I came into the larp a few minutes late, but was able to find both a sword and a modest costume to wear to indicate my membership in House Falcon.  John always takes the part of the servant who makes the larp run.  He announces the events, distributes favor tokens to the players, answers questions, and is generally the engine that drives the whole thing.  His ladies Rowe and Jessica also help.  The three of them manage to keep things moving.  Houses of the Blooded has an interesting game mechanism that I like a lot.  Every player starts with favor (represented by raffle tickets), and you can spend favor to get concessions from other players.  For example, I might go up to a lady in the crowd, and say something like, “Is it not true that we were once lovers?” and then I”d give her a handful of raffle tickets and she would reply, “Yes, my lord, tis true, but that was long ago and far away.”  With a little effort one can start many delicious rumors in this fashion.  In a more serious note, favor is also used to influence juries who decide whether events such as duels and executions should take place.  At one point during the evening, I spent all the favor I had in a vain attempt to stop a duel and start an execution.  It gave me a chance to make a speech, and win a laugh from the assembled lords and ladies.  My new goal at these larps is to use up all my favor as rapidly and outrageously as I can.

The lord Xander has passed out on the floor. Two other lords, best friends tragically brought into combat, are busy killing each other, while a lady watches. Servant John seems well pleased.

No Houses of the Blooded larp is complete without at least 3 deaths.  Duels generally happen during the lst half of the event, and it seems to be a great honor to die nobly in the defense of honor.  I haven’t gotten myself killed in either of the two events I’ve attended–my character is a traveller, who but seldom attends these soirees, and is hardly worthy of being killed. Heh!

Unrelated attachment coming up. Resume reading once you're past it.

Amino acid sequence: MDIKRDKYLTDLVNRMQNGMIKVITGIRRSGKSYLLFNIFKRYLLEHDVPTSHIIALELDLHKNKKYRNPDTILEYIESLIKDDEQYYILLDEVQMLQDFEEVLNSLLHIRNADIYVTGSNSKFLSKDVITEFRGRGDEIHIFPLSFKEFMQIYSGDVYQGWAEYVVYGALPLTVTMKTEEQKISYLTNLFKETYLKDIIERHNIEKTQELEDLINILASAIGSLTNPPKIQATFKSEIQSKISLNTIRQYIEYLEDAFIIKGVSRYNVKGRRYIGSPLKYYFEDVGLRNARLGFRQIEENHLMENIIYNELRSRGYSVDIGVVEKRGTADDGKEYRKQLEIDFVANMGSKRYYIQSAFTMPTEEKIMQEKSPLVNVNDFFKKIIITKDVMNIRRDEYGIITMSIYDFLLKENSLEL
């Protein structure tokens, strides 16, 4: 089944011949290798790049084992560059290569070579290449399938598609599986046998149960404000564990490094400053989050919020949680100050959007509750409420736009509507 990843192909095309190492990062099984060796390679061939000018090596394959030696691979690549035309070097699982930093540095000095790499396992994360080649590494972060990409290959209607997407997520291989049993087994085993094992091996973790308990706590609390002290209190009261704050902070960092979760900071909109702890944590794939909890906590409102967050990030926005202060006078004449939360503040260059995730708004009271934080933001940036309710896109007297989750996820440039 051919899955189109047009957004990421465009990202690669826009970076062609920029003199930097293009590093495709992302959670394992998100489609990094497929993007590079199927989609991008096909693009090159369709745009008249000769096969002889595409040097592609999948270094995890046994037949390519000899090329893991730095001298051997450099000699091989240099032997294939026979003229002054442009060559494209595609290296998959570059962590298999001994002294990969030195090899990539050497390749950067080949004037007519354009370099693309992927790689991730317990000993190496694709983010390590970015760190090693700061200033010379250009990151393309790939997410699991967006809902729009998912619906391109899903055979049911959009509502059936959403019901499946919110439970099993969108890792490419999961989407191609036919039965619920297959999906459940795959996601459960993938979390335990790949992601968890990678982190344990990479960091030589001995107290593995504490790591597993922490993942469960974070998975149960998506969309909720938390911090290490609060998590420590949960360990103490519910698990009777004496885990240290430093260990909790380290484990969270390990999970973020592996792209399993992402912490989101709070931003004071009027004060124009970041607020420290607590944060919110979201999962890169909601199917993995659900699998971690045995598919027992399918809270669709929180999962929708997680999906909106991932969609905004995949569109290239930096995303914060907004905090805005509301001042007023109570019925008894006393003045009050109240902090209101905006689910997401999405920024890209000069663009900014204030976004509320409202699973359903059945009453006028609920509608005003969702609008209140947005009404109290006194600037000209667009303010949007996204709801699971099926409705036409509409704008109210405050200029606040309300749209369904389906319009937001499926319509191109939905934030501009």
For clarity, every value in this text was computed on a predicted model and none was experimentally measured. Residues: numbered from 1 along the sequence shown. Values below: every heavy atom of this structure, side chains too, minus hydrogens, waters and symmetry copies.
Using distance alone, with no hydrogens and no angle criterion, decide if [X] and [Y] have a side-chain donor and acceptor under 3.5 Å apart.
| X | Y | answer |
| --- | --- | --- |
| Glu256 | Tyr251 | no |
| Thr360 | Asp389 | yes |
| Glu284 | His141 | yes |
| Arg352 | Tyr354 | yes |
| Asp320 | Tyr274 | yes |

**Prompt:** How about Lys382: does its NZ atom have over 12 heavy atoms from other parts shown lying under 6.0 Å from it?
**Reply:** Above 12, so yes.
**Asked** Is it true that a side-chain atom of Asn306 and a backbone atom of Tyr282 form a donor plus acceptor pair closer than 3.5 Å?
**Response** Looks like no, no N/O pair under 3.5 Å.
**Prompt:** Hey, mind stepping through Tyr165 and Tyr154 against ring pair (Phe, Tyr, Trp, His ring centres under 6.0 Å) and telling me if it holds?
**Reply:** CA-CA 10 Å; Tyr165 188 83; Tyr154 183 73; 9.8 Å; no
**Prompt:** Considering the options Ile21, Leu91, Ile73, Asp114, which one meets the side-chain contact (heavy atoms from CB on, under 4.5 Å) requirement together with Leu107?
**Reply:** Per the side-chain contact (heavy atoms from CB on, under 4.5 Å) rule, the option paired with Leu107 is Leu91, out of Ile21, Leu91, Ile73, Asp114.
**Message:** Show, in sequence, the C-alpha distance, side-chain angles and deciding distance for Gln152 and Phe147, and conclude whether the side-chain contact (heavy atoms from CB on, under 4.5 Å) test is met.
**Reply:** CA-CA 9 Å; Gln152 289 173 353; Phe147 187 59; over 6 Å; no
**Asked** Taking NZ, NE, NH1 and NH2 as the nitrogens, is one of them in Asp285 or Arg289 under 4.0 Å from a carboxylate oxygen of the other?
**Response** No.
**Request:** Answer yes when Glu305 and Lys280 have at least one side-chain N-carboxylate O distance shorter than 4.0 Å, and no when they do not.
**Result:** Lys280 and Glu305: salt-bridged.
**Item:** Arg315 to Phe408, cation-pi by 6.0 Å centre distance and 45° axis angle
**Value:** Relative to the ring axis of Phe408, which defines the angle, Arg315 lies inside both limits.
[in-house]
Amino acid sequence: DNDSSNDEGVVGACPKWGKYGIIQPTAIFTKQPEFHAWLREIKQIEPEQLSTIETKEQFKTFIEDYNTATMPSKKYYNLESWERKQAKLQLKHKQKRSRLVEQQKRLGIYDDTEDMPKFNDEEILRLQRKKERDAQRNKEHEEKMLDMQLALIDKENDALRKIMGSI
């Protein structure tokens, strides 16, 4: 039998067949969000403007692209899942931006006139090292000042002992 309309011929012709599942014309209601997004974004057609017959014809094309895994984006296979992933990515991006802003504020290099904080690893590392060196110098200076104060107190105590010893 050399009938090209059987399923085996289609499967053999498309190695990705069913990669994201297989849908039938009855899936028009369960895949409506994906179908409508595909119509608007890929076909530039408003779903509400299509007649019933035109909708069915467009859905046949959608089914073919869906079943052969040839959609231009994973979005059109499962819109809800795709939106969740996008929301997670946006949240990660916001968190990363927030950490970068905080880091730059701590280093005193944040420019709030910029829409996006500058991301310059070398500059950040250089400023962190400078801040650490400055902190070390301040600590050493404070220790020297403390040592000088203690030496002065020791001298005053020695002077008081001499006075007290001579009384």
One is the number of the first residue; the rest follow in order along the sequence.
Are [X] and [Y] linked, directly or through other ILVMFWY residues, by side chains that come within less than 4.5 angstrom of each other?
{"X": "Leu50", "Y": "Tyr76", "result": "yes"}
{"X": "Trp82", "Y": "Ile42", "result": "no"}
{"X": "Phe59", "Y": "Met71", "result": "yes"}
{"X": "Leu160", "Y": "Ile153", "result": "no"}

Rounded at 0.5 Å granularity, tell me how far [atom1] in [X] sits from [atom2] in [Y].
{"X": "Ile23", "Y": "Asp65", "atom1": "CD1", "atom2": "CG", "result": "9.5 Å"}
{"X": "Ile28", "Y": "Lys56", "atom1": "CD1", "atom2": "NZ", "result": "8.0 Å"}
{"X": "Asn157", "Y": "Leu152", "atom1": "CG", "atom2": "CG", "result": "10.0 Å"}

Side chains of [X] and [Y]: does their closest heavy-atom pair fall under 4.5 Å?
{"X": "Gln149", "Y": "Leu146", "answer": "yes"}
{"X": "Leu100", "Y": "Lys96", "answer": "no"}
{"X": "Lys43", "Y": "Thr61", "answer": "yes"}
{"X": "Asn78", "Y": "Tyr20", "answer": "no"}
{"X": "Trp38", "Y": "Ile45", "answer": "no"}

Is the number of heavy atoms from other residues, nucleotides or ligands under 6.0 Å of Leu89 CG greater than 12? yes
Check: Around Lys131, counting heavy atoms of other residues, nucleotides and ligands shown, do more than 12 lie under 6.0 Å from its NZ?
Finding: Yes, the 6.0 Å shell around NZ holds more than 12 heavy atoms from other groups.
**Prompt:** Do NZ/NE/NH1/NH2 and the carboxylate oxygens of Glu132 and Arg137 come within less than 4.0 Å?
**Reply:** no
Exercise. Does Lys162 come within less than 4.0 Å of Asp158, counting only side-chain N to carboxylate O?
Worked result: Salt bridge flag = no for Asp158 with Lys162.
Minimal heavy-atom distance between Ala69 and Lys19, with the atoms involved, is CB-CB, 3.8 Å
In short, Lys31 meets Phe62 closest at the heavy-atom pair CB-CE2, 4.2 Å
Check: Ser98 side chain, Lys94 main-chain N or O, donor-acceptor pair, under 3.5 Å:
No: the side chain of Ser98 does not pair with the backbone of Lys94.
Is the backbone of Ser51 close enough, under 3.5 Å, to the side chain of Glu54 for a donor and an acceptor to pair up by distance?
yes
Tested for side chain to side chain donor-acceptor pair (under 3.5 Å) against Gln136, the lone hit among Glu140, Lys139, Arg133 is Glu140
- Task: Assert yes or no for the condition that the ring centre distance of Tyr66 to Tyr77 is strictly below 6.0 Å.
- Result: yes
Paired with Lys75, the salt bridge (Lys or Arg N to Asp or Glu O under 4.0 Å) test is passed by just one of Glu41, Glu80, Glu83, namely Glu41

High tide for Ken the Gambler.

After the orgy (I mean larp) the poker game started at 10 p.m.  It was a charity event, although I did not realize that when I sat down at it, and one could buy extra chips for cash.  I have only played Texas Hold-Em once before in my life–that was when I was a Guest at the Dark Ones Dark Con in 2008.  This time I had the distinction of being a marked man with a bounty on my head.  I flatter myself that I was not as easy a mark as those poker sharks expected.  The picture shows the high point of my fortunes: black chips are worth 1000, blue are 500, white are 100, green are 50 and red are 25.  I placed 15th in a field of about 30 and lasted until the second break. 

I could do a whole rant about what I hate about Texas Hold-em, but in truth I had some fun, and learned something about the game that may help me next time I play.  I had fun with it.

The party of the Dark Ones was both dark and very noisy. I truly felt like a wallflower there.

I was knocked out of the poker game just before midnight, so I rushed off to room 907 in the Hotel Arizona for the party of the Dark Ones.  It was going strong when I got there, but I found a place to sit and talk with Jesse Foster.  I had two bowls of spicy meatballs–they proved to be my midnight supper for the evening as I was really hungry by the time I arrived, and a glass of orange juice sans booze. 

Poster for Dark Con 2012.

After about 20 minutes I slipped away from the party, got back to my roon, and slept.  I am so sensible at these Cons, insisting on at least 6 hours of sleep each night. Bwa ha ha!

Sunday was something of an anti-climax.  No one showed up for my demo game of Monsters! Monsters!  I spent time talking to Amanda Abelove, creator of a new card game called Corporate Espionage, and time in the MIB area playing Zombie Dice and Cthulhu Dice while waiting to see if I would win the great Games Basket of goodies that Steve Jackson Games was giving away.  Here’s a picture of it along with my MIB friend Joey.

The big prize of the Con can be seen over Joey's right shoulder. I didn't win it.

Goodbye!  Goodbye to all my fine friends and acquaintances.  Maybe I’ll see you again at the next Con–maybe not.  I enjoyed shmoozing with you all–you are true gamers and the salt of the earth.  Home again by 6 p.m. on Sunday afternoon–a successful convention as far as I’m concerned.

end

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Posted October 13, 2010 by atroll in Uncategorized

One response to “RinCon Ramblings

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  1. Hey Ken…just to let you know. Dave and Tracy aren’t married–yet–but you got Dave and his brother Baird switched around.